Due to the unique shape and sizes of the particles in Arctic Silver 5's conductive matrix, it will take a up to 200 hours and several thermal cycles to achieve maximum particle to particle thermal conduction and for the heatsink to CPU interface to reach maximum conductivity. (This period will be longer in a system without a fan on the heatsink or with a low speed fan on the heatsink.) On systems measuring actual internal core temperatures via the CPU's internal diode, the measured temperature will often drop 2C to 5C over this "break-in" period. This break-in will occur during the normal use of the computer as long as the computer is turned off from time to time and the interface is allowed to cool to room temperature. Once the break-in is complete, the computer can be left on if desired.

So by my estimation of this statement it would take almost a year of normal use to properly cure the AC5 compound, or almost nine days of continuous power cycles to meet their recommendation. Benchmark Reviews feels that this is a characteristically unreasonable requirement for any TIM product, and we do not support it. We want products that perform without the burden of sacrifice on our time, especially with some many competing products offering performance without this extra requirement.


I'd reapply with Shin Etsu
http://www.newegg.com/Product/Product.aspx?Item=N82E168...
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January 30, 2011 12:33:07 AM

JackNaylorPE said:
Read this about AS5

http://benchmarkreviews.com/index.php?option=com_conten...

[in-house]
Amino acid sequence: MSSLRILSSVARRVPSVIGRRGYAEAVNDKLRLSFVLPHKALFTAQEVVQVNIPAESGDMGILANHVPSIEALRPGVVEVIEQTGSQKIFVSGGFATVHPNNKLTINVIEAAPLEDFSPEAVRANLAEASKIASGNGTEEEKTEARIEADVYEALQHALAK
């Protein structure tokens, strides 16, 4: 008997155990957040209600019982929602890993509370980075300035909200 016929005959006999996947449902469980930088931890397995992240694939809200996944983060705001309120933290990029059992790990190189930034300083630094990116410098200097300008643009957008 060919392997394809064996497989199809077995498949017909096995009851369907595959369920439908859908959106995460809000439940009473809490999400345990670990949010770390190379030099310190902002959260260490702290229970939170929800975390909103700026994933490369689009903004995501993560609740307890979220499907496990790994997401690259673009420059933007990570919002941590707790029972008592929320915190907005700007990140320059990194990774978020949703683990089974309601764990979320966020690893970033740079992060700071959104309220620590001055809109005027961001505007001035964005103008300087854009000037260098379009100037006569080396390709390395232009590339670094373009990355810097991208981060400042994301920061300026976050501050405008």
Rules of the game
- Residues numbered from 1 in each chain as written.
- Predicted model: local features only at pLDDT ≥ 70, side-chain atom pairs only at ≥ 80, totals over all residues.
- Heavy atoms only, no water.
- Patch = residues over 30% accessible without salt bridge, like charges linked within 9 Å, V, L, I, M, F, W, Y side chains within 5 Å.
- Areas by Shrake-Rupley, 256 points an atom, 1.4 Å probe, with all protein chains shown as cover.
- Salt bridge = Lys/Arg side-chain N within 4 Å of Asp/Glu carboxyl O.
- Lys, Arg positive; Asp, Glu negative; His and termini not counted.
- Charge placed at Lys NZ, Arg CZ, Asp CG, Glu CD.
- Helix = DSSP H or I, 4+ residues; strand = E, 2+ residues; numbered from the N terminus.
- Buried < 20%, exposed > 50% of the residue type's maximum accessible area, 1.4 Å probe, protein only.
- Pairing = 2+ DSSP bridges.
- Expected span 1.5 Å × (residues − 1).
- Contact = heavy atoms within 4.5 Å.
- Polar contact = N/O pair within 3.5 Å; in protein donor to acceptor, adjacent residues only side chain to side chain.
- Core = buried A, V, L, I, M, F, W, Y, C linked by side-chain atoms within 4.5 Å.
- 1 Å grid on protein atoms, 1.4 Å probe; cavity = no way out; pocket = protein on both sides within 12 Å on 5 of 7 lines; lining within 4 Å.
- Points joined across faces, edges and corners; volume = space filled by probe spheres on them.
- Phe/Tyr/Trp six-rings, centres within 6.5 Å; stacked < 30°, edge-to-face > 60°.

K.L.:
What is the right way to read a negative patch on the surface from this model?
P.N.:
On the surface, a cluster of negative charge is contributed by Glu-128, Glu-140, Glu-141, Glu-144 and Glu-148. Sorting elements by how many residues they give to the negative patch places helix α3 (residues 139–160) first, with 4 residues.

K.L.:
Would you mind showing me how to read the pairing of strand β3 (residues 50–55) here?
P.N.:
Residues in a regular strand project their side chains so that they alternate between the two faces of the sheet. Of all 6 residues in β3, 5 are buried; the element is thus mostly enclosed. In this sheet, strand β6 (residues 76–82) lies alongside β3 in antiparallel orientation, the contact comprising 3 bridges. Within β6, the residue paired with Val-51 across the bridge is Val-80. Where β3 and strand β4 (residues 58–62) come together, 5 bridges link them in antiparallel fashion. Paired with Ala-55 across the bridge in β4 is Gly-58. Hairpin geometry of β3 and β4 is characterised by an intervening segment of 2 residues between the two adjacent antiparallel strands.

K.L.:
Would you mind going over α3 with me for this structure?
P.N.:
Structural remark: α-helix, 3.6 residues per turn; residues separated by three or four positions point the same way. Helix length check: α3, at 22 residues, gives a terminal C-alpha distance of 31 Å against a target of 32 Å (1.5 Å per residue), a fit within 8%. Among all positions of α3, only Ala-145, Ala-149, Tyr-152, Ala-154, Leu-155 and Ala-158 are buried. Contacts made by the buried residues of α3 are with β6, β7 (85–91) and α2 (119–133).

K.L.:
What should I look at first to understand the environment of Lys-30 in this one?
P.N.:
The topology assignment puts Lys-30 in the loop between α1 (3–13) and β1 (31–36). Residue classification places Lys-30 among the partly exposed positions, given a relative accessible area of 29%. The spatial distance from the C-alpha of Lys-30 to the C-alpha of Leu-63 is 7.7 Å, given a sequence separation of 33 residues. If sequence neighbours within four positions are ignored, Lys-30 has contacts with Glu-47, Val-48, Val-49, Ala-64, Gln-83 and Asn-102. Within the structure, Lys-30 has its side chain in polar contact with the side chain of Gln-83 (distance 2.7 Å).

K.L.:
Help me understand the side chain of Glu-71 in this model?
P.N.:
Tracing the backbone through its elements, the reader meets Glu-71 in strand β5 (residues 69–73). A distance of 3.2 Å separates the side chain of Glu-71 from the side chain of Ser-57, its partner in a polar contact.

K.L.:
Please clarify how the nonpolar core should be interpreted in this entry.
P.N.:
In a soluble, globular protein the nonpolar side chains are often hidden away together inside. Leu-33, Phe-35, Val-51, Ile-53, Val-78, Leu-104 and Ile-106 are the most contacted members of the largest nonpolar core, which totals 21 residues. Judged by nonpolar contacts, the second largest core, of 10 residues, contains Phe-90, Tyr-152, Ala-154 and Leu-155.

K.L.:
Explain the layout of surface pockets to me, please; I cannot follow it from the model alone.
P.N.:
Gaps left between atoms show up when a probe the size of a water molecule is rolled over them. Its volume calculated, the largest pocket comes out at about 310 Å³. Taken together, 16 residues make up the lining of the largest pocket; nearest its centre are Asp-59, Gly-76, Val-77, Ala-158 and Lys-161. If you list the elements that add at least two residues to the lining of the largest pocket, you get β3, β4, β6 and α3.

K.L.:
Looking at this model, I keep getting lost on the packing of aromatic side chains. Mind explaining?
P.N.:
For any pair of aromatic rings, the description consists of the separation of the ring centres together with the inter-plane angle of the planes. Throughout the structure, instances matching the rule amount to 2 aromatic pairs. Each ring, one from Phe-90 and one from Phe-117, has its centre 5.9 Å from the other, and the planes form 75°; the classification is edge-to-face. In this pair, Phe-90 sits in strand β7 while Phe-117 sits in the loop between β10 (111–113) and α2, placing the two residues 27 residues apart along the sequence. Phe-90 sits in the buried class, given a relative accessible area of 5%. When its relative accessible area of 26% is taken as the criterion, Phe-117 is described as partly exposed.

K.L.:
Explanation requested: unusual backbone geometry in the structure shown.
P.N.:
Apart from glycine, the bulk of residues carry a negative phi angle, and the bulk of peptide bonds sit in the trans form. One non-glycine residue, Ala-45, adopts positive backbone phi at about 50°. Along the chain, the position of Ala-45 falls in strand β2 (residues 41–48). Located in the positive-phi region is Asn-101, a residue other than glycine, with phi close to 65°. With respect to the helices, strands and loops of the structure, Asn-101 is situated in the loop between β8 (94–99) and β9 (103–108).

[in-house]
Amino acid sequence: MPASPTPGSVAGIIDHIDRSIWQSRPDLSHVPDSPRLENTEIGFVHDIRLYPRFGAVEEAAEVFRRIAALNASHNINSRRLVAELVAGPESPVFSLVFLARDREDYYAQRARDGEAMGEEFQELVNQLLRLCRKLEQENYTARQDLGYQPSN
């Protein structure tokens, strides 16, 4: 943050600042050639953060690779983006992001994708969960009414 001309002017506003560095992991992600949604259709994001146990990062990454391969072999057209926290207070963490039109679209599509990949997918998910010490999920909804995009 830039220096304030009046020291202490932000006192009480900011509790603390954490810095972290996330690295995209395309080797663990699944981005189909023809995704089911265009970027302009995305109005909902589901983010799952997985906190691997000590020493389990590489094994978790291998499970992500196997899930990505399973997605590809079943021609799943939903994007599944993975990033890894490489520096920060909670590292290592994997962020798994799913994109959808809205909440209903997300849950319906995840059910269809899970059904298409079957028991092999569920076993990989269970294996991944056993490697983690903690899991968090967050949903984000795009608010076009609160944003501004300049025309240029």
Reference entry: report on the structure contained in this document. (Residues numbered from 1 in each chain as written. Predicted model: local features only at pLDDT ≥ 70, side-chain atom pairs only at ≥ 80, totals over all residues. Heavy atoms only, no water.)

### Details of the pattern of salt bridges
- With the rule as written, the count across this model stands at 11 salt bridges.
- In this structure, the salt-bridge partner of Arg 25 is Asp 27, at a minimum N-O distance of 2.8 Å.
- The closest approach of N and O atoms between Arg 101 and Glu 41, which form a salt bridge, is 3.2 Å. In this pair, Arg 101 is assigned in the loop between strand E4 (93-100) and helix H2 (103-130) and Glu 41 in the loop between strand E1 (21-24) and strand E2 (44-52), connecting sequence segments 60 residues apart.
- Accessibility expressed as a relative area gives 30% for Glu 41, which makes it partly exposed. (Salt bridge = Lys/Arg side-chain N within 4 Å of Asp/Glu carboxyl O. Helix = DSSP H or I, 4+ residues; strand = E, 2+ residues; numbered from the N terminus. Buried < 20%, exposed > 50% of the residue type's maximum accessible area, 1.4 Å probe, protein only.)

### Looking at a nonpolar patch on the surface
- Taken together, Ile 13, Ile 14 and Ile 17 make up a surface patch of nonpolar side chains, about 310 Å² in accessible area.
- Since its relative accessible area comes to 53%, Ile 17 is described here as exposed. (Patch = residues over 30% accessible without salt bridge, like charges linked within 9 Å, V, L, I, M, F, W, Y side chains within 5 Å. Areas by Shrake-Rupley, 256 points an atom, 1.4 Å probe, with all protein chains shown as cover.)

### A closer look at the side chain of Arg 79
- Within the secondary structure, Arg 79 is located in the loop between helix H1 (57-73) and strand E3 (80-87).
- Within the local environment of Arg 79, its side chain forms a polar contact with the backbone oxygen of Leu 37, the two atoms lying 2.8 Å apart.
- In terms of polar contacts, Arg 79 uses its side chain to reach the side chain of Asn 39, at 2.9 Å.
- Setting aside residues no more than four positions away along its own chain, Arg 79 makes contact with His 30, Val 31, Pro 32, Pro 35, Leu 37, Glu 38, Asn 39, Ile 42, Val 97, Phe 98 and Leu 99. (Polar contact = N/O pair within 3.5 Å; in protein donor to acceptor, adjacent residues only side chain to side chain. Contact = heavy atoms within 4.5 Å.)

Quote:
After this article was first published, there was an immediate backlash from some of the manufacturers listed in this review. The primary argument was the lack of cure time. Here is the Arctic Silver 5 recommended cure time instruction from the manufacturers web site:

Due to the unique shape and sizes of the particles in Arctic Silver 5's conductive matrix, it will take a up to 200 hours and several thermal cycles to achieve maximum particle to particle thermal conduction and for the heatsink to CPU interface to reach maximum conductivity. (This period will be longer in a system without a fan on the heatsink or with a low speed fan on the heatsink.) On systems measuring actual internal core temperatures via the CPU's internal diode, the measured temperature will often drop 2C to 5C over this "break-in" period. This break-in will occur during the normal use of the computer as long as the computer is turned off from time to time and the interface is allowed to cool to room temperature. Once the break-in is complete, the computer can be left on if desired.